“We were jacked. We were loaded,” Hilton said. “It’s difficult for me to put into words because I’m coaches-and-kids’ AD. I identify heavily with our student-athletes. …
“I’m trying to put it into context, and I keep reminding myself that 130,000-plus Americans have died as a result of this virus. And I’m talking about games and sports? I keep reminding myself, but it is still difficult to tell some of these young people who have worked so hard that their dreams may be gone.”

The Budget

The loss of football will put a significant dent in A&T’s athletics budget, which totaled nearly $14.7 million for the fiscal year of July 1, 2018 through June 30, 2019, according to the most recent data reported to the U.S. Department of Education.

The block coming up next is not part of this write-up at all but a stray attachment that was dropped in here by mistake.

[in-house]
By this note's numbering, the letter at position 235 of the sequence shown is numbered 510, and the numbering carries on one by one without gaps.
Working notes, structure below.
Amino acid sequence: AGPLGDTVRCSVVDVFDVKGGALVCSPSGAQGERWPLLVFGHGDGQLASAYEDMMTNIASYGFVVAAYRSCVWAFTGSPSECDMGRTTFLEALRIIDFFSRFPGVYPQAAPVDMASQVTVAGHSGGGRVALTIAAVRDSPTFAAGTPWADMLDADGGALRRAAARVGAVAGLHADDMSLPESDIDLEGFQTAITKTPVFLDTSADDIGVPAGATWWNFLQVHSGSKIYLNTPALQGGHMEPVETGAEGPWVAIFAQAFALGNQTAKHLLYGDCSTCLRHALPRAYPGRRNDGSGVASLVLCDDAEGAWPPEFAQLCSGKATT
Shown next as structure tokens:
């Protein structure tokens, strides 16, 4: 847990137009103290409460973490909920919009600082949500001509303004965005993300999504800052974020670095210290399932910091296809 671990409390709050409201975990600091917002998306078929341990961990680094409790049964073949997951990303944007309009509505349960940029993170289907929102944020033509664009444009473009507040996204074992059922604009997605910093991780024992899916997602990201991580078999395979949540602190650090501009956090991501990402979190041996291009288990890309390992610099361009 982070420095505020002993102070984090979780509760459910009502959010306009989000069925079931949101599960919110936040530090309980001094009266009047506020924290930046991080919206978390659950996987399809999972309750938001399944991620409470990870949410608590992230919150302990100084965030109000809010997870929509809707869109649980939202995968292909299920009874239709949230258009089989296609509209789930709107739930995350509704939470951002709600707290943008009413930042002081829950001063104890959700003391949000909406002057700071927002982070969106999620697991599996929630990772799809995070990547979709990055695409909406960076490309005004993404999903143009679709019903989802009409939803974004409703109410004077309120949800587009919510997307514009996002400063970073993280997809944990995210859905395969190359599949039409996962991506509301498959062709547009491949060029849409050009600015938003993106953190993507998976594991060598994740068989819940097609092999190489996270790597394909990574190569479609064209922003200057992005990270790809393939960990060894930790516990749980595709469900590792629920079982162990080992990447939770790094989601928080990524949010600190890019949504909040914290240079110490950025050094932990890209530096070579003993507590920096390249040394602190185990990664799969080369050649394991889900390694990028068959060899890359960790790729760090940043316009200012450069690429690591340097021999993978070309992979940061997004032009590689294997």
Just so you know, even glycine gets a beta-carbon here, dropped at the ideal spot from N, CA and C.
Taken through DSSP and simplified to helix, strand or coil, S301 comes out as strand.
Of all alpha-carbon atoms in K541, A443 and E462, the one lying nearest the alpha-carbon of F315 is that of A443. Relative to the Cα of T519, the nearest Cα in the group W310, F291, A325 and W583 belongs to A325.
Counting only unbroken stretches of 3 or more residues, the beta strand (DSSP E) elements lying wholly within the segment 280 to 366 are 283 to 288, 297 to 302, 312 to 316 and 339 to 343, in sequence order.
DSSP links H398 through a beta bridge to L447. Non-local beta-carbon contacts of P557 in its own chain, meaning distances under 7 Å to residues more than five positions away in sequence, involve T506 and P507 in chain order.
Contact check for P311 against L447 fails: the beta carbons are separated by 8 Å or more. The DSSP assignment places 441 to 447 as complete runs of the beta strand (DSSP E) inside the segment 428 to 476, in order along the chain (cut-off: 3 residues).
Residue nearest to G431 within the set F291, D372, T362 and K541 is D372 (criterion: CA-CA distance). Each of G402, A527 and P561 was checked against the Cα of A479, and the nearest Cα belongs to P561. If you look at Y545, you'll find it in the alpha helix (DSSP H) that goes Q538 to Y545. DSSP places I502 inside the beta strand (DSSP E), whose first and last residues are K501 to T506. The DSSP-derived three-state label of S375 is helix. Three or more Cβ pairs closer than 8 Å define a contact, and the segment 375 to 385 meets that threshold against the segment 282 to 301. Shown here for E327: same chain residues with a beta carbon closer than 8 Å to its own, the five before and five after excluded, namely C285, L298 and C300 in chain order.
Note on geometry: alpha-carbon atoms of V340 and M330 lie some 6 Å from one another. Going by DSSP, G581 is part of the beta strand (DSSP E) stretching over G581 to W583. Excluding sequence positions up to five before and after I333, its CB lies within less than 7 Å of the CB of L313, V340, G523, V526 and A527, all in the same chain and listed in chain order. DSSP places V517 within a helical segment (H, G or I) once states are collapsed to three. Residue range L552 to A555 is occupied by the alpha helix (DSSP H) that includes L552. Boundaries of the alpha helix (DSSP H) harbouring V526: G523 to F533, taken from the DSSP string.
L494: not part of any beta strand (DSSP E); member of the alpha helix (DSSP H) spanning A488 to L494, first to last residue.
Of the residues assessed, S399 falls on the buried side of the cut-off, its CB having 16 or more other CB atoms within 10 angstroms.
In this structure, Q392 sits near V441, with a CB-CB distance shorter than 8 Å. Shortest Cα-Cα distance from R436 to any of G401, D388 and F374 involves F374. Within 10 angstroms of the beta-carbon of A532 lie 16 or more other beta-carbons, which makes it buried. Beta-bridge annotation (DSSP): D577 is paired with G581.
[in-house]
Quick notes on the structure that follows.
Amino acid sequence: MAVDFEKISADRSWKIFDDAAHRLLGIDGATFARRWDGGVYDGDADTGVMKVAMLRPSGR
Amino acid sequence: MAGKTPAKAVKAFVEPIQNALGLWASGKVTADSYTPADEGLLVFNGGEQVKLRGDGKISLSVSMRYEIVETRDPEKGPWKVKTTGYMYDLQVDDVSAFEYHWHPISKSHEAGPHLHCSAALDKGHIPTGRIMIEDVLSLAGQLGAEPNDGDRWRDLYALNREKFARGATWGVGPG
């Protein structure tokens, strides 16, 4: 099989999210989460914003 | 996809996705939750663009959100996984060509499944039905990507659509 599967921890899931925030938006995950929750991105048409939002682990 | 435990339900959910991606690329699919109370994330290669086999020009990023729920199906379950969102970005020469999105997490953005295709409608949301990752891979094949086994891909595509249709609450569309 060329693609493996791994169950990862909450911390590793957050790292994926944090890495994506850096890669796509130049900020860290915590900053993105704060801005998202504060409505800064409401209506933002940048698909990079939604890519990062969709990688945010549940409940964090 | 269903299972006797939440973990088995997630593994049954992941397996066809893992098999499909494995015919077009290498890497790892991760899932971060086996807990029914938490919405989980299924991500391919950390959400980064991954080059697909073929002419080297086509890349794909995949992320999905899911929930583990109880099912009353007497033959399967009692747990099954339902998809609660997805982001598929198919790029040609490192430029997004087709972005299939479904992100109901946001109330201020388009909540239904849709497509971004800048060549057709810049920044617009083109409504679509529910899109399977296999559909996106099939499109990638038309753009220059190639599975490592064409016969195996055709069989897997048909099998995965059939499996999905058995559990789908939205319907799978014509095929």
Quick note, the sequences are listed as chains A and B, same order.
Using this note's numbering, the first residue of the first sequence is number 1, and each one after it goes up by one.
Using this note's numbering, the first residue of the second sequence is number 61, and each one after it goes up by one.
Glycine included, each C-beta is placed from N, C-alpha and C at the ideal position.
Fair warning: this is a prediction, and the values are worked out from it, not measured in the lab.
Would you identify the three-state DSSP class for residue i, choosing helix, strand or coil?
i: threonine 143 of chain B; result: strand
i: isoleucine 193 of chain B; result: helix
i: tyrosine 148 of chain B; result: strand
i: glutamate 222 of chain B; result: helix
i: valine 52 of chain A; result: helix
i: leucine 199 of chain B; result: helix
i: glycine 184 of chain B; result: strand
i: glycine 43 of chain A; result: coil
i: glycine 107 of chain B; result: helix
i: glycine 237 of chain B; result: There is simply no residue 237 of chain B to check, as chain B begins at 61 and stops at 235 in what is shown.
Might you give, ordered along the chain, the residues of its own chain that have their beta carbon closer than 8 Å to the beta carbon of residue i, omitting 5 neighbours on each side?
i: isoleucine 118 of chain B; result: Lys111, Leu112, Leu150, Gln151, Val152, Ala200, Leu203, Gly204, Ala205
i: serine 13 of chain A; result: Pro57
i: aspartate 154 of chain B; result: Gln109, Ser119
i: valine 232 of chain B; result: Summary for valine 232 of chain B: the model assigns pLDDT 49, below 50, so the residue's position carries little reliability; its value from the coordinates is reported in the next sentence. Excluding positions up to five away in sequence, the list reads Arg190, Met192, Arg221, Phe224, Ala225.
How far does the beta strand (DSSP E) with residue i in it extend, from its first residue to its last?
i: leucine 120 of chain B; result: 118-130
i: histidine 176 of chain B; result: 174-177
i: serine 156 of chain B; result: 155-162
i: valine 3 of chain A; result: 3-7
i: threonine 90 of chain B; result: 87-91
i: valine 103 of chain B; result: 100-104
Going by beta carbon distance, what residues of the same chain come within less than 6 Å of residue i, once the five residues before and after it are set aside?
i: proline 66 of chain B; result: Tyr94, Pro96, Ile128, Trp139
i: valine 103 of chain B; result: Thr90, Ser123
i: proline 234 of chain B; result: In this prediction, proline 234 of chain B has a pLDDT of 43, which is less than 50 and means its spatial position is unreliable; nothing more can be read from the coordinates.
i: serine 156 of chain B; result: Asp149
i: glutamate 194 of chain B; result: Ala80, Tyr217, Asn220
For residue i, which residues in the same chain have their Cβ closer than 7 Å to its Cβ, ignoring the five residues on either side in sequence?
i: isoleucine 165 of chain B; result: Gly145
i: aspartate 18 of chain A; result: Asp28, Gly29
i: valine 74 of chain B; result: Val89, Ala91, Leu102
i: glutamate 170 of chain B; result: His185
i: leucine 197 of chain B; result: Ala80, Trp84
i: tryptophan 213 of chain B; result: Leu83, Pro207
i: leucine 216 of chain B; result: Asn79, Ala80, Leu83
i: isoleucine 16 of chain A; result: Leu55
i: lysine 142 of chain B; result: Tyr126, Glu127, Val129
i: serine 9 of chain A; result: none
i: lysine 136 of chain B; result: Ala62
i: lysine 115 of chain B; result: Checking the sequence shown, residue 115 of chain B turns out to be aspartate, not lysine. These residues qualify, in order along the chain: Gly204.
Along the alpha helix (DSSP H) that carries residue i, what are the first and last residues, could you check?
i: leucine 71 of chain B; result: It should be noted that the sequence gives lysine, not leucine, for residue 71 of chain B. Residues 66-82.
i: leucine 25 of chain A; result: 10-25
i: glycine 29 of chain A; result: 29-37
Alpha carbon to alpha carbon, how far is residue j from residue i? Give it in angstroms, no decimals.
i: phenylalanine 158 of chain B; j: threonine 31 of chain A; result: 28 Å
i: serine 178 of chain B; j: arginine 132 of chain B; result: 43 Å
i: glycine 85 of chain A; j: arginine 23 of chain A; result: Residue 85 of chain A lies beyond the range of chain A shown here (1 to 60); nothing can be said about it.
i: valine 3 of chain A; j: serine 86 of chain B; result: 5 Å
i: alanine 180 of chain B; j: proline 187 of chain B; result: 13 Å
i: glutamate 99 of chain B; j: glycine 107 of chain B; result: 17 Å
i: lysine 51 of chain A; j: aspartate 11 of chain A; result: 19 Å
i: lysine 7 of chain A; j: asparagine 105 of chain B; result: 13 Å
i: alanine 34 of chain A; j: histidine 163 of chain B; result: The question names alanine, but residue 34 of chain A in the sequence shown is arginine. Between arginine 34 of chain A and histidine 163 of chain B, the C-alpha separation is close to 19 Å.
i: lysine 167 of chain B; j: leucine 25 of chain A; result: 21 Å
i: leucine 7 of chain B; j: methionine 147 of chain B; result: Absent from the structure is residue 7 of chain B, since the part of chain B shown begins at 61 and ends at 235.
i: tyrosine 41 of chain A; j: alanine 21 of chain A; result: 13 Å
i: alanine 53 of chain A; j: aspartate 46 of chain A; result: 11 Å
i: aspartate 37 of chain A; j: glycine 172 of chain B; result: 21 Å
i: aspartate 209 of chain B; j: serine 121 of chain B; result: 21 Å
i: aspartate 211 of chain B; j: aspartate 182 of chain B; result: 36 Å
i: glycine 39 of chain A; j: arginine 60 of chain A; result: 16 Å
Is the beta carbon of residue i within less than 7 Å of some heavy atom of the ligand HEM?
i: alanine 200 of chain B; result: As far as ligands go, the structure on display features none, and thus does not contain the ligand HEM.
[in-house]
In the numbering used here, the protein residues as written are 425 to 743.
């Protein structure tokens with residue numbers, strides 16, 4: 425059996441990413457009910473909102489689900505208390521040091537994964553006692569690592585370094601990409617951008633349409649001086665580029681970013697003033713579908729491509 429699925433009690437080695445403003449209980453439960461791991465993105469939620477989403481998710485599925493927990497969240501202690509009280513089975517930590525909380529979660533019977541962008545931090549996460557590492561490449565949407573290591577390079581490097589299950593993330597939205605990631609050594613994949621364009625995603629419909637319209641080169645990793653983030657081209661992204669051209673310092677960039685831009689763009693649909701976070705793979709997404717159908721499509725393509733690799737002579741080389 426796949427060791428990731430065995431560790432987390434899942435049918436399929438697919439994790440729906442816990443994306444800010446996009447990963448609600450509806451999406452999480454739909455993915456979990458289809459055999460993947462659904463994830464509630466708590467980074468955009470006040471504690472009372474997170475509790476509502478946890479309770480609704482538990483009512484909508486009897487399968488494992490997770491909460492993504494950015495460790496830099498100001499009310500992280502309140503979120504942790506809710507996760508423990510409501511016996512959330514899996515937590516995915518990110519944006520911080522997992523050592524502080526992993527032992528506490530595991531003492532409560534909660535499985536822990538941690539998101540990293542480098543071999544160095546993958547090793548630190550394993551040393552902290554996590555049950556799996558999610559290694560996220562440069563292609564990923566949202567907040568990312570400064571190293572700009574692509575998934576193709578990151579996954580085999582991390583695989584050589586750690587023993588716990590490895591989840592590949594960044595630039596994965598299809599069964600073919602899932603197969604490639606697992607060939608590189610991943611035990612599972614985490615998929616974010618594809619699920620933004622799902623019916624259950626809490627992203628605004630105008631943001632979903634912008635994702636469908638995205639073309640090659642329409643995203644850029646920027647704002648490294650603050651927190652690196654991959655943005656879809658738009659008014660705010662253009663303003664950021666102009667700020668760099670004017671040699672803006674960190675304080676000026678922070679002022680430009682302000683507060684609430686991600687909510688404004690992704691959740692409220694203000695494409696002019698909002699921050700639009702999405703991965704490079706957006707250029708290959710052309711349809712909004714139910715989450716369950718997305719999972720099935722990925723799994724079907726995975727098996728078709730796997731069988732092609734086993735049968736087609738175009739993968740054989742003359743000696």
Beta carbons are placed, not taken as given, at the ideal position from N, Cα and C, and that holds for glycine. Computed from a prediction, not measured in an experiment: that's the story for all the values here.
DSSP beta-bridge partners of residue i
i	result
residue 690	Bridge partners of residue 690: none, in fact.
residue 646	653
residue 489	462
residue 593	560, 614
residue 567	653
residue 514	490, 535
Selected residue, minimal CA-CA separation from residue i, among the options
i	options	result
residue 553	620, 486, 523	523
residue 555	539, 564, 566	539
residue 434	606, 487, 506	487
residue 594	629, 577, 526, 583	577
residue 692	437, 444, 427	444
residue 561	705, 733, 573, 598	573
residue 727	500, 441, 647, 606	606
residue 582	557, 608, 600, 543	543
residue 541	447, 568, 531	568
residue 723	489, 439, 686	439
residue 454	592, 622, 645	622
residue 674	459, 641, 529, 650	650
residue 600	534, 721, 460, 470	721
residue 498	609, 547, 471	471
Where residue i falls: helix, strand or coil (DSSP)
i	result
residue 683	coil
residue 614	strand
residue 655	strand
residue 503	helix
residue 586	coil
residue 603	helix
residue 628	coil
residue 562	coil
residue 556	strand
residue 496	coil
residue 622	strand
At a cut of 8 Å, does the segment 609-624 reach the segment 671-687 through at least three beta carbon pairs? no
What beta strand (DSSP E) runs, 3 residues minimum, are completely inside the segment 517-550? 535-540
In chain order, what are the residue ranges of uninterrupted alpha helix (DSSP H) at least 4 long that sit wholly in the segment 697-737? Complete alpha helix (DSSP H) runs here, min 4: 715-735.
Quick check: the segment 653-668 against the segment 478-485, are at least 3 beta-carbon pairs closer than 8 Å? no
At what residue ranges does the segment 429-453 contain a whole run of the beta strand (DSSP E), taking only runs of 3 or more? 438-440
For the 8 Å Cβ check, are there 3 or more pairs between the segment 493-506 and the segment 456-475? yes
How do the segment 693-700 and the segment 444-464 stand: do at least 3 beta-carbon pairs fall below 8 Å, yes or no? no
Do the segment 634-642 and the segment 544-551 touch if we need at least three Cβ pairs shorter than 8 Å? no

Football revenue and expenses were slightly more than $5.6 million.

“Football creates revenue. But it does not turn a profit. It’s not like it’s supporting other sports,” Hilton said. “Football makes somewhere between $1.3 (million) to $1.4 million in ticket revenue. It’s not insignificant, but it’s not insurmountable, either. Because there will be savings, as well, with travel costs and things like that.”

Hilton said there are no plans to reduce scholarships, and he hopes there will be no layoffs among full-time staff.




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Since 1967, the Carolina Peacemaker has served as North Carolina’s leading news weekly with a national reputation. Founded by Dr. John Kilimanjaro, the newspaper is published by Carolina Newspaper, Inc.